You won’t believe these 3-D illusions!

Just to wake you up with clickbait, and to please Matthew, who loves optical illusions, here are three flat things that look like 3-dimensional things. (You can see more at Distractify).





  1. rickflick
    Posted June 12, 2016 at 8:54 am | Permalink

    You’re right. I don’t believe it. (But then, I’m a trained skeptic).

    • nurnord
      Posted June 12, 2016 at 9:07 am | Permalink

      Apparently, a poor skeptic, given that these illusions are easy to investigate and conclude they are REAL !!!

      • rickflick
        Posted June 12, 2016 at 7:21 pm | Permalink

        Real is as real does.

  2. BobTerrace
    Posted June 12, 2016 at 9:12 am | Permalink

    Technically, every picture that you see that depics a 3-D image and makes you think something is in 3-D, is an illusion.

  3. Torbjörn Larsson
    Posted June 12, 2016 at 10:01 am | Permalink

    You won’t flat out believe this! … um, wait.

  4. Posted June 12, 2016 at 10:55 am | Permalink

    The car driving through the barrier is especially cool.

    • gravelinspector-Aidan
      Posted June 12, 2016 at 3:46 pm | Permalink

      … despite having been shot a little too early (or late) for the painting. (The “verticals” of the “bollards” and the verticals of the wall corners should be parallel.) It’s only … I guess less than a quarter-hour discrepancy, but it’s there.
      Ah, there’s a change in the surface’s camber. That complicates matters.

  5. jaxkayaker
    Posted June 12, 2016 at 11:49 am | Permalink

    I have used optical illusions to illustrate to students the importance of scientific skepticism and not taking things at face value. I especially like these.

  6. cornbread_r2
    Posted June 12, 2016 at 12:35 pm | Permalink

    I had first-hand experience of something like these when I slammed on my brakes at high speed to avoid taking out my vehicle’s undercarriage by a faux cattle guard that had been painted across a Montana highway.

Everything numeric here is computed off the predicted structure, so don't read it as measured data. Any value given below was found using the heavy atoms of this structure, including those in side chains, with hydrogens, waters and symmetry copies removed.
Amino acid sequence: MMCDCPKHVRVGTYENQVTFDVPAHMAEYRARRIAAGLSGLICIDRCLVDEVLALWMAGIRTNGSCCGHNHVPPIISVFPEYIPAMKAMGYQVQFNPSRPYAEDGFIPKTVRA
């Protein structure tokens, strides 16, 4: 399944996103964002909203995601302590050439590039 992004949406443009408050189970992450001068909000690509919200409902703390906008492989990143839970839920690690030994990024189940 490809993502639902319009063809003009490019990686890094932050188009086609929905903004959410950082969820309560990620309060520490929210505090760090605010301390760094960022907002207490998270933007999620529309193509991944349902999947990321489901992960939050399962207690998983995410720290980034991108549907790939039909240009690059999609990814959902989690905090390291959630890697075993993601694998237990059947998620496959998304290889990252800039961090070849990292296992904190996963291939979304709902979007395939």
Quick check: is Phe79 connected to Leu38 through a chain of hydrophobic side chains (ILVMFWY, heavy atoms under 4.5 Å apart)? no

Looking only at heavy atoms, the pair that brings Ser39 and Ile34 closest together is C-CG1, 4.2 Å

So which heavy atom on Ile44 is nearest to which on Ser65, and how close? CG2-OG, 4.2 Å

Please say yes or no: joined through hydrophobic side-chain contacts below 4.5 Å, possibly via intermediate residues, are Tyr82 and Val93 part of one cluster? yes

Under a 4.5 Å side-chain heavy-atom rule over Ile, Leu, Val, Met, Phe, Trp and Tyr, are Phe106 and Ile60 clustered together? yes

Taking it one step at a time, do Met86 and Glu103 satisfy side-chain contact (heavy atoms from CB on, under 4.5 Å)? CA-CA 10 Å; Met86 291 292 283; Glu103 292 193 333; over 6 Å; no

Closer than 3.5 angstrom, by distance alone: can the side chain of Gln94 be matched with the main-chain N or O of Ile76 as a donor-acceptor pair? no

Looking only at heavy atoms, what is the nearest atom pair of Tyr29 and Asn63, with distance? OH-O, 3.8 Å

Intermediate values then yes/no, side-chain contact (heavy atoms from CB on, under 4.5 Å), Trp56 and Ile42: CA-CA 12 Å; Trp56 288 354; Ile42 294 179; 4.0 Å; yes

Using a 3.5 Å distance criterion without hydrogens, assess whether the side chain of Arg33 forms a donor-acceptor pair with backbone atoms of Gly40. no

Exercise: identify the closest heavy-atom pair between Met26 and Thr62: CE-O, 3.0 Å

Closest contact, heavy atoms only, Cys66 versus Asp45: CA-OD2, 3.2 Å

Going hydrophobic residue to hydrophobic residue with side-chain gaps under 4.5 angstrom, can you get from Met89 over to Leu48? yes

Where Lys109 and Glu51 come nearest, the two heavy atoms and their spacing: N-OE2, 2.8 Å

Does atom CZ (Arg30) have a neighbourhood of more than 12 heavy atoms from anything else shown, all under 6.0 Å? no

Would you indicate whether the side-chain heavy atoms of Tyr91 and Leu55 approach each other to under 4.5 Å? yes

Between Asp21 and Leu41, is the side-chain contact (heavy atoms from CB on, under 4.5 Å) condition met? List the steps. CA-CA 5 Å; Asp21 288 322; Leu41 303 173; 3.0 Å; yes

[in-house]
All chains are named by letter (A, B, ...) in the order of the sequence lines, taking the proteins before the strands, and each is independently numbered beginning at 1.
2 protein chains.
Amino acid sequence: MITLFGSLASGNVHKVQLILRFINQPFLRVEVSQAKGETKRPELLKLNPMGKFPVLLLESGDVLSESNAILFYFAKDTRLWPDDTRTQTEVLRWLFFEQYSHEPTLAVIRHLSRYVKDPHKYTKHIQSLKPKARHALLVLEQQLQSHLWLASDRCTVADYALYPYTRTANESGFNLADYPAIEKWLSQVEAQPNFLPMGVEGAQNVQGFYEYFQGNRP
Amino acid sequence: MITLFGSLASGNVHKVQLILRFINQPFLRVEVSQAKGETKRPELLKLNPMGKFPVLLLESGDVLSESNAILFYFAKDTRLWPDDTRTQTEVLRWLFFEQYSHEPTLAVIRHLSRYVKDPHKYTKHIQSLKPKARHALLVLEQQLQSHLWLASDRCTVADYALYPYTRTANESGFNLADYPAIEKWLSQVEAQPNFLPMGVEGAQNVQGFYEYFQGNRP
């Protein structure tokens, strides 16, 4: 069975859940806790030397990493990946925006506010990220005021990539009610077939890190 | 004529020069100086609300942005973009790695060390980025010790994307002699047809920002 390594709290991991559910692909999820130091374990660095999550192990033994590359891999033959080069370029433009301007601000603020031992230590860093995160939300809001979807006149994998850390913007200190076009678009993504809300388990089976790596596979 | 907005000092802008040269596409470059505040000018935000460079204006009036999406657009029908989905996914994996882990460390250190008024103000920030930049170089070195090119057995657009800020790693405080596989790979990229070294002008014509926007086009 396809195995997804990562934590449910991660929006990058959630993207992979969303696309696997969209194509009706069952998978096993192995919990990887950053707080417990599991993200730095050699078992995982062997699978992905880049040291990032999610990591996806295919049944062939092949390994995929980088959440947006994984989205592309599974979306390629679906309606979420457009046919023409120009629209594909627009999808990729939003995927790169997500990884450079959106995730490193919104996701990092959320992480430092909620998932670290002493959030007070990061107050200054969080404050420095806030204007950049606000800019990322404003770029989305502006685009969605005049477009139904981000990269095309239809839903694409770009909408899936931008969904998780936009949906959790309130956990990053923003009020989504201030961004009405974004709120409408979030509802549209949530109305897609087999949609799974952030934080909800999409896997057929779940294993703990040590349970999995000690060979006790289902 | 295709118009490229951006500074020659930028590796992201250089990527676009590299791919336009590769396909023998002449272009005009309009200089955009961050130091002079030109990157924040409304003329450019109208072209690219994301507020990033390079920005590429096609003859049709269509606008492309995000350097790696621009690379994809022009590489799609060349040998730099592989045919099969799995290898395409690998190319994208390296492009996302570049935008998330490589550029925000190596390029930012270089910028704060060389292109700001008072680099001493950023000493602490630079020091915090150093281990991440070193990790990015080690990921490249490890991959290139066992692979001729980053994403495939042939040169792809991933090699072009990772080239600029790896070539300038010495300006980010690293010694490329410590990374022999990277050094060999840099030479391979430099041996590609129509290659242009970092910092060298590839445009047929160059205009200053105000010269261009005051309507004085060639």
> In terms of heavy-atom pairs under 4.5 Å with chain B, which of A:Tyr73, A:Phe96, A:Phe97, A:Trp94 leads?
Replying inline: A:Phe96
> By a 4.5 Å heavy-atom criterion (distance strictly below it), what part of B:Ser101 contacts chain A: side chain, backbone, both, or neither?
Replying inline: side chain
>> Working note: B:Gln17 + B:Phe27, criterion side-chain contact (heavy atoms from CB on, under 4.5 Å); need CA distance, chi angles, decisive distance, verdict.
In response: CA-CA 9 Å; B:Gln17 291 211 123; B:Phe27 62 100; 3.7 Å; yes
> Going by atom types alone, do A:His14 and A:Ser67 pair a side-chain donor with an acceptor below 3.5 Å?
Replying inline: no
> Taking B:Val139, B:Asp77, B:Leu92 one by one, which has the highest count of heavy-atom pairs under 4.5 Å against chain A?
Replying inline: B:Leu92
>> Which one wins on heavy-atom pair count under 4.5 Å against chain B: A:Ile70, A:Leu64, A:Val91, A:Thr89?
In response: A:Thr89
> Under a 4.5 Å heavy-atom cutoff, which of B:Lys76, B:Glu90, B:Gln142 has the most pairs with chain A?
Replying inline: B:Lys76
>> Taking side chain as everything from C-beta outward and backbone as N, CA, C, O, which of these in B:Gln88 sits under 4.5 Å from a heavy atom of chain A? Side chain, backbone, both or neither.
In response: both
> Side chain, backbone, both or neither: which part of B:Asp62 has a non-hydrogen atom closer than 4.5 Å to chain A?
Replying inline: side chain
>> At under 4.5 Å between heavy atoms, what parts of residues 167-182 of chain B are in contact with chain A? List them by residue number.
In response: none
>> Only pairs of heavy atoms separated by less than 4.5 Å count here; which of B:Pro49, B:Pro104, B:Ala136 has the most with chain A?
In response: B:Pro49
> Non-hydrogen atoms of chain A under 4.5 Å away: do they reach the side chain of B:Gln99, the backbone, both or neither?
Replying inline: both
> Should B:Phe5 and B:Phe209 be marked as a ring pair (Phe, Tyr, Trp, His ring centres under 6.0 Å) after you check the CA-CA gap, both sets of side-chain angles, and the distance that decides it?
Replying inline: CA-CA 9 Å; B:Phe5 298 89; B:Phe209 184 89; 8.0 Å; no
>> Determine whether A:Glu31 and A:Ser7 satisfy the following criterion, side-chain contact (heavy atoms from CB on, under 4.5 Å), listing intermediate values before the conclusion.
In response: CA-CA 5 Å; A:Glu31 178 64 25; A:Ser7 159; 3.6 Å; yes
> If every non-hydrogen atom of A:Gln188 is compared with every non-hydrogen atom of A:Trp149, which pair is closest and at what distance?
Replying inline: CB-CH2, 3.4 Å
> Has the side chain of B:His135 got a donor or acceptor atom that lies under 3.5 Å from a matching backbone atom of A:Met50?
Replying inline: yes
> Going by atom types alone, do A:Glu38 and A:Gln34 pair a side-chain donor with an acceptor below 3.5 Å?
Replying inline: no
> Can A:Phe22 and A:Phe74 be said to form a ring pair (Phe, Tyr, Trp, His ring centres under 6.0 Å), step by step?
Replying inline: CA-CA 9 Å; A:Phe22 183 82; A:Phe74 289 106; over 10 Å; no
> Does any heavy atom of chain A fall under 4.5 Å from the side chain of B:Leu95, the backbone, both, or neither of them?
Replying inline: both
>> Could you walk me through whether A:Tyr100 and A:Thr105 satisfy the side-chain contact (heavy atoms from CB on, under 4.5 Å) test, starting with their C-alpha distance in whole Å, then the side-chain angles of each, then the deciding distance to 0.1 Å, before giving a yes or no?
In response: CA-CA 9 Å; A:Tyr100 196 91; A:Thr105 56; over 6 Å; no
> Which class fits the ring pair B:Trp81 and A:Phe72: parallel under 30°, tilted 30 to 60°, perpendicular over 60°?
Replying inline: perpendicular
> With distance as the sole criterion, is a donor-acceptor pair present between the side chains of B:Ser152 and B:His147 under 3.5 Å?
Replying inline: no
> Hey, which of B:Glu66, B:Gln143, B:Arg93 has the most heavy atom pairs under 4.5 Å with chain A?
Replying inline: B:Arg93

• gravelinspector-Aidan
      Posted June 12, 2016 at 3:51 pm | Permalink

      I’d never heard of “virtual” cattle grids until now.

      • Posted June 12, 2016 at 5:43 pm | Permalink

        Common in many Western states. I’ve often wondered why the cattle stay fooled by them.

        • gravelinspector-Aidan
          Posted June 12, 2016 at 6:26 pm | Permalink

          It’s a good question.
          Given the cost advantages (I’ve had a non-virtual cattle grid pole break under me – they do rust and require regular maintenance), I’m slightly surprised I’ve never seen one in Britain. Or maybe British livestock simply see past the illusion.
          It’s a good question.

          • rickflick
            Posted June 12, 2016 at 7:21 pm | Permalink

            The Brits do seem to see past many illusions, re: Win/Gallup International.

            • Posted June 12, 2016 at 7:35 pm | Permalink

              Ha. We gullible Americans–even our cattle can’t figure out the difference between fact and fiction (faith).

          • infiniteimprobabilit
            Posted June 12, 2016 at 11:04 pm | Permalink

            I would have thought the imitation painted ones would require even more maintenance – wouldn’t the paint wear off quite fast?


            • gravelinspector-Aidan
              Posted June 13, 2016 at 7:30 am | Permalink

              More frequent. But since there are no structural considerations to the paint … it could go either way.
              The commonest way of building them in the UK is to rest scaffold poles on brick piers across the floor of the pit. So, the piers need adequate foundations ; the bricks are probably adequate for their compressive loads ; but the poles suffer bending loads depending on where the vehicle crosses. After a few years, the galvanizing on the poles can look fine, but the pole collapse under the weight of a person stepping on them. At which point the land-owner has potentially a significant liability problem. (In my case, I felt it going, so suffered no more than surprise, and told the farmer about it over a pint in T’Brass Cat that evening. But he still needed to fix it.)

              • infiniteimprobabilit
                Posted June 13, 2016 at 7:41 am | Permalink

                Here they quite often seem to use old railway rails. Which are of course much stronger in bending than tubes (scaffold poles) and probably weather rust better too.

                Besides, paint loses its effectiveness when covered in a layer of mud, and never works on gravel roads.

                What they do use, quite often, are strips of woven fabric about 6″ wide laid across the road, incorporating wires and hooked up to an electric fence machine. The cows know not to step on it. They could very easily step over it but presumably they’re too dumb to figure that out. (Pigs would though).


              • gravelinspector-Aidan
                Posted June 13, 2016 at 7:53 am | Permalink

                Lengths of railway rail were popular though the 1960s and 70s. Beeching cuts made them available. They’re an expensive rarity these days.

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